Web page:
It Is Important to Act Quickly to Preserve Evidence
When Zlotolow & Associates takes truck accident cases, we know our investigators must move quickly to secure evidence needed to demonstrate the accident’s cause and who is responsible.
There are multiple records and reports that FMCSA regulations require truckers and motor carriers to maintain about truck driver activity, truck maintenance and operations, cargo, etc., and we move quickly to have those preserved. This typically requires obtaining court orders to compel the motor carrier, truck owner, or other responsible party to turn over documents and allow us access to wreckage.
It is always better if we can demand this information right away after a truck accident. Some crash evidence naturally deteriorates over time, including the memories of witnesses we speak to. Other evidence can easily become “lost” or destroyed.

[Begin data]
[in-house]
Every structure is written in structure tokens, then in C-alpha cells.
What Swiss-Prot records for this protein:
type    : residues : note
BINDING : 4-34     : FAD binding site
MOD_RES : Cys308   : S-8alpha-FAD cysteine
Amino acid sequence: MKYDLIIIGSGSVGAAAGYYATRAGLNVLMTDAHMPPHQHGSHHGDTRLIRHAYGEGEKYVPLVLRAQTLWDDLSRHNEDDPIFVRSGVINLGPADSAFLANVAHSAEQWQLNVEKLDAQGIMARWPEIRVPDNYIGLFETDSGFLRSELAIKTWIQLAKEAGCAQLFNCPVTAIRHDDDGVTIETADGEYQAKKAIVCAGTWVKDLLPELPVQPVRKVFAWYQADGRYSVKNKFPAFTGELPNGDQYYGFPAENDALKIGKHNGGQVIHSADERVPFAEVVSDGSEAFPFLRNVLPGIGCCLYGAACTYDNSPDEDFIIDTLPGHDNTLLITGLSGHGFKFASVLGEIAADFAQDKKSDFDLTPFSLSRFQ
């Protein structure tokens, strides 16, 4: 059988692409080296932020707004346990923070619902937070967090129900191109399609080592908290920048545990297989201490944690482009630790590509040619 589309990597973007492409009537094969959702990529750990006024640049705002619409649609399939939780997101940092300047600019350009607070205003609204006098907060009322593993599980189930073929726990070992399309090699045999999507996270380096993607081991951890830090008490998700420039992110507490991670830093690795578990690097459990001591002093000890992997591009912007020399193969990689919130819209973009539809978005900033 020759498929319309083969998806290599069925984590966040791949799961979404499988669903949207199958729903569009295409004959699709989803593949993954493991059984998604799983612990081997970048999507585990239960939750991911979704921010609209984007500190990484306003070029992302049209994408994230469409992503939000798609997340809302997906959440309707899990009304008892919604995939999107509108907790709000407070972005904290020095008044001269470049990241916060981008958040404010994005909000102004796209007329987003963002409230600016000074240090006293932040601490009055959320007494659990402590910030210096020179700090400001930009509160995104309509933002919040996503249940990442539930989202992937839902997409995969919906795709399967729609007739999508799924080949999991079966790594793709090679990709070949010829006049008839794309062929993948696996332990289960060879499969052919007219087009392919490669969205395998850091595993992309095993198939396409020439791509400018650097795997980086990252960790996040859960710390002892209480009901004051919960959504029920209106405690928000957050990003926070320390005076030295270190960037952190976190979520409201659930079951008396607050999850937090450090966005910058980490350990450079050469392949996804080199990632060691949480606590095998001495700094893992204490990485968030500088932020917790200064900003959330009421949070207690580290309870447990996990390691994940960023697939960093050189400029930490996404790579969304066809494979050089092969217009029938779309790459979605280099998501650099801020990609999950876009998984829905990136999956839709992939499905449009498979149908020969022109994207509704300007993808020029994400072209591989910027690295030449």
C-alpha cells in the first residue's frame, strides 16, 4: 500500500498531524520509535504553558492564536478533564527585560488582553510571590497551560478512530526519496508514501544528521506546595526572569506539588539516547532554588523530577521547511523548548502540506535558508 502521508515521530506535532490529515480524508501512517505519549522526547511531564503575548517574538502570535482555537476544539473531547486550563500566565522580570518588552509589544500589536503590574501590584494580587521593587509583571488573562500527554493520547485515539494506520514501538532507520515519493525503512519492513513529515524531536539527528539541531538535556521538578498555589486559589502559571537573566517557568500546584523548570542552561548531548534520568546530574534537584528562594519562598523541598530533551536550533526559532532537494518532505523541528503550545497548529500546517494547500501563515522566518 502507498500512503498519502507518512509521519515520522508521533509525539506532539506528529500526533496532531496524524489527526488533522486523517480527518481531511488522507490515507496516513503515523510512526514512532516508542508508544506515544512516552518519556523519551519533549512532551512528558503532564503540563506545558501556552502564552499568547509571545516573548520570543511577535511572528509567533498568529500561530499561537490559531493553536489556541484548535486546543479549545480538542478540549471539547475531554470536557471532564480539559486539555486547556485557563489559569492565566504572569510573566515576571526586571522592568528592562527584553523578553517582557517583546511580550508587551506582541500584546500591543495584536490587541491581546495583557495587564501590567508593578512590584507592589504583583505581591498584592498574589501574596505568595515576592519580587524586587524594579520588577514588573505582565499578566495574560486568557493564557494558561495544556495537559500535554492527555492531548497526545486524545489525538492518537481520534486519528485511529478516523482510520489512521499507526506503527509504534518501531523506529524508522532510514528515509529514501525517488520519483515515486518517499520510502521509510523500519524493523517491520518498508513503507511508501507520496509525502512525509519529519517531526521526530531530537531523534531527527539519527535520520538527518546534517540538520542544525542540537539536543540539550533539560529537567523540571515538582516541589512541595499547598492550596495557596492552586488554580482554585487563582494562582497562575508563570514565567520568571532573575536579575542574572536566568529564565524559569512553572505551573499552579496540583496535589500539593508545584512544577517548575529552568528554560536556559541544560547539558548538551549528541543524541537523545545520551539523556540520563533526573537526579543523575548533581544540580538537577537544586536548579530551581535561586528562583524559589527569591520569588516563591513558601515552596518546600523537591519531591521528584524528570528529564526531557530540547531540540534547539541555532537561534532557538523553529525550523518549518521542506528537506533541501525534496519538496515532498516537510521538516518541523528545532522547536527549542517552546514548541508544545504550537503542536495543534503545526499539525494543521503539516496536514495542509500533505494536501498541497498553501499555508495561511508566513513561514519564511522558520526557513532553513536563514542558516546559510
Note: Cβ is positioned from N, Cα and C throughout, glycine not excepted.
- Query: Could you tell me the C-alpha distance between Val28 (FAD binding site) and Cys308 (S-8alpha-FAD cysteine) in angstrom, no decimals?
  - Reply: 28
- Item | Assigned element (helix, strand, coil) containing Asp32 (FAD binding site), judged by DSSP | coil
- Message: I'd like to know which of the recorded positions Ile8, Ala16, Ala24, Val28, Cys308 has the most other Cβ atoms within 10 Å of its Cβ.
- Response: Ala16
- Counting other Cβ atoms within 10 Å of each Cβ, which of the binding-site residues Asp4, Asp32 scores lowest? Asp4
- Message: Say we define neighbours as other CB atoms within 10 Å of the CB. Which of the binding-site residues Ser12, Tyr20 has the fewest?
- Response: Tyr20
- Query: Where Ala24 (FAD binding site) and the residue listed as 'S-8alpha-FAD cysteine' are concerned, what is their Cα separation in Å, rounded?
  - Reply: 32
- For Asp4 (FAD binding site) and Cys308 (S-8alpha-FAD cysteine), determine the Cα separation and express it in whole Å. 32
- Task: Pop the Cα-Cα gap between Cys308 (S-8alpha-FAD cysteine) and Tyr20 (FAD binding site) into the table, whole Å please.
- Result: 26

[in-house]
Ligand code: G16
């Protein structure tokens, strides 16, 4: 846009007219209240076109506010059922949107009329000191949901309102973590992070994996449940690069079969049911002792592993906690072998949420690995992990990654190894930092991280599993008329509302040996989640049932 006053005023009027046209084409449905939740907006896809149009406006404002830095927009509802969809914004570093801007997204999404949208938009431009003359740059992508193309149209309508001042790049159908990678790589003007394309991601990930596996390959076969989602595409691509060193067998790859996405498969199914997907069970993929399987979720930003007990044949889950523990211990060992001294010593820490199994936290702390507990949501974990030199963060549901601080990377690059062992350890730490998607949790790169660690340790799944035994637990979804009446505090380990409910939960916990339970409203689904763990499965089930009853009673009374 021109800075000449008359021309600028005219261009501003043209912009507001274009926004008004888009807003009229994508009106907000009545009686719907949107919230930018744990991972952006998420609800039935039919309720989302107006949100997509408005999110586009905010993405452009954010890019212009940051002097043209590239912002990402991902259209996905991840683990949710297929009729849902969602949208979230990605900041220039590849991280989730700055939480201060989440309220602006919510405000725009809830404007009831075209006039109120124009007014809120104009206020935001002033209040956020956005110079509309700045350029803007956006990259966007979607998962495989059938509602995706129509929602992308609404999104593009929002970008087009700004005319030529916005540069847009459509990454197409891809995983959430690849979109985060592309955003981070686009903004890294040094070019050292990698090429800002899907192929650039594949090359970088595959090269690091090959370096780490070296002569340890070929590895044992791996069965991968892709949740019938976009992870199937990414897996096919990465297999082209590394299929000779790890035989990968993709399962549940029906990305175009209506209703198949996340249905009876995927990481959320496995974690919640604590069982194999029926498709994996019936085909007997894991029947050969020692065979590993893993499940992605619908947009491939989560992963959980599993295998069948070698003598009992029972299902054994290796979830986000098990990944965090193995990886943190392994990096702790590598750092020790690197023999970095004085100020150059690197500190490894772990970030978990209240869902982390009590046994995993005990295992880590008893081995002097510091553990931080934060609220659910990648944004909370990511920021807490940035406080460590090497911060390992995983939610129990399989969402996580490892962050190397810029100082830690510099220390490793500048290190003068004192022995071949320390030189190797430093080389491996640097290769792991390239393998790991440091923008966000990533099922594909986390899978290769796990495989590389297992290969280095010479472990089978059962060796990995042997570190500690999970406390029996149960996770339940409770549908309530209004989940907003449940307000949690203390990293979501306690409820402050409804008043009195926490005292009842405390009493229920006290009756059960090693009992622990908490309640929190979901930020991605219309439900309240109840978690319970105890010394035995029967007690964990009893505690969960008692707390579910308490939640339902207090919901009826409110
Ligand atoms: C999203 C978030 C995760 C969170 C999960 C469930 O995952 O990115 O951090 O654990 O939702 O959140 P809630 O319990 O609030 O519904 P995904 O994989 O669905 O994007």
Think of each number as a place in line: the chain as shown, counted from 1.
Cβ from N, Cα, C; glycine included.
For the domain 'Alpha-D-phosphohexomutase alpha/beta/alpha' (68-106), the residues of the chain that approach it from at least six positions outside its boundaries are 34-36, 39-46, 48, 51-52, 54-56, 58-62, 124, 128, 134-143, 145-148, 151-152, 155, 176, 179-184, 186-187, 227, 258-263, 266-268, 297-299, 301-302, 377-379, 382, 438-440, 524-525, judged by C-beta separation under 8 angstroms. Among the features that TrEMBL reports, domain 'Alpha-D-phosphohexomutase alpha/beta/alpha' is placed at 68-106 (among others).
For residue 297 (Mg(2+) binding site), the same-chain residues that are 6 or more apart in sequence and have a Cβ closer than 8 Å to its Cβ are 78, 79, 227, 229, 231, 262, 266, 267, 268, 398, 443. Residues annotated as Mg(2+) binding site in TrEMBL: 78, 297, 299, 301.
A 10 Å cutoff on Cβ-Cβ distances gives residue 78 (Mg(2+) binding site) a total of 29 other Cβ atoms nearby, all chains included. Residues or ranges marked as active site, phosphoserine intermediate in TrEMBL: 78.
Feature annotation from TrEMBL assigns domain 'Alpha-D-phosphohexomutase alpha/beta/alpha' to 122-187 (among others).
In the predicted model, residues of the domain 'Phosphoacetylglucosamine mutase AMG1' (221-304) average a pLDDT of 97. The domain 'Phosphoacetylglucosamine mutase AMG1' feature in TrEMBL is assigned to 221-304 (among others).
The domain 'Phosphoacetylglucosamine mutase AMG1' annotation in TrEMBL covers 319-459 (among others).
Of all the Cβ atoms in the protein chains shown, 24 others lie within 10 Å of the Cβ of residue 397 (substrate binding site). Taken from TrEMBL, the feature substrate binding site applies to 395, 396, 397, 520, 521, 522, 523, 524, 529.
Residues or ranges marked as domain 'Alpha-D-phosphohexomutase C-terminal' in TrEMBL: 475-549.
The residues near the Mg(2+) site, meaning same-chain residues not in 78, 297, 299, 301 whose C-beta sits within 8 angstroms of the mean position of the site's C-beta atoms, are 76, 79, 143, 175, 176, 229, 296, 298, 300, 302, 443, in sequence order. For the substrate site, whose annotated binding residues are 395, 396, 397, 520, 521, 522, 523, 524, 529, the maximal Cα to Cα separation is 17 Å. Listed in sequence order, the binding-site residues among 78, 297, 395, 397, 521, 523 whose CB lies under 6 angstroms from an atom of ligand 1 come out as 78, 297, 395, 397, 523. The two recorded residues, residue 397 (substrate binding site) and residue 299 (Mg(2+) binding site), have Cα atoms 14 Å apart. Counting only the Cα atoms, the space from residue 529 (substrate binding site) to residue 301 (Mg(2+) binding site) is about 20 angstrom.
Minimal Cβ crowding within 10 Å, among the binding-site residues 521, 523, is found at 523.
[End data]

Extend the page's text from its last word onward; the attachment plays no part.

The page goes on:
Of particular interest is the truck’s Event Data Recorder (EDR or “black box”) download. This data portrays the truck’s operations just prior to the crash, including:
- Throttle position
- Clutch position
- Steering angle
- Sudden deceleration/ acceleration
There may be additional data available from the motor carrier, trucker, and others, as well. For example, some commercial trucks have in-cab video systems. There are also opportunities to track a truck’s movement, and therefore the trucker’s time behind the wheel, through surveillance video at various locations on its route and by other evidence.
Our experienced Brooklyn truck accident lawyers can meet with you for free to discuss the details of your accident, and we will move promptly to secure evidence that will help establish your eligibility for compensation.
Contact Our Brooklyn Truck Accident Lawyers Today
If you’ve been seriously injured in a tractor-trailer accident, contact our Brooklyn personal injury law firm now to get started on your claim. We have the resolve and the resources required to pursue full compensation for your medical bills, lost income, pain, suffering, and other damages.
Call or fill out our online form to set up a free, no-obligation meeting with our Brooklyn tractor-trailer accident attorneys.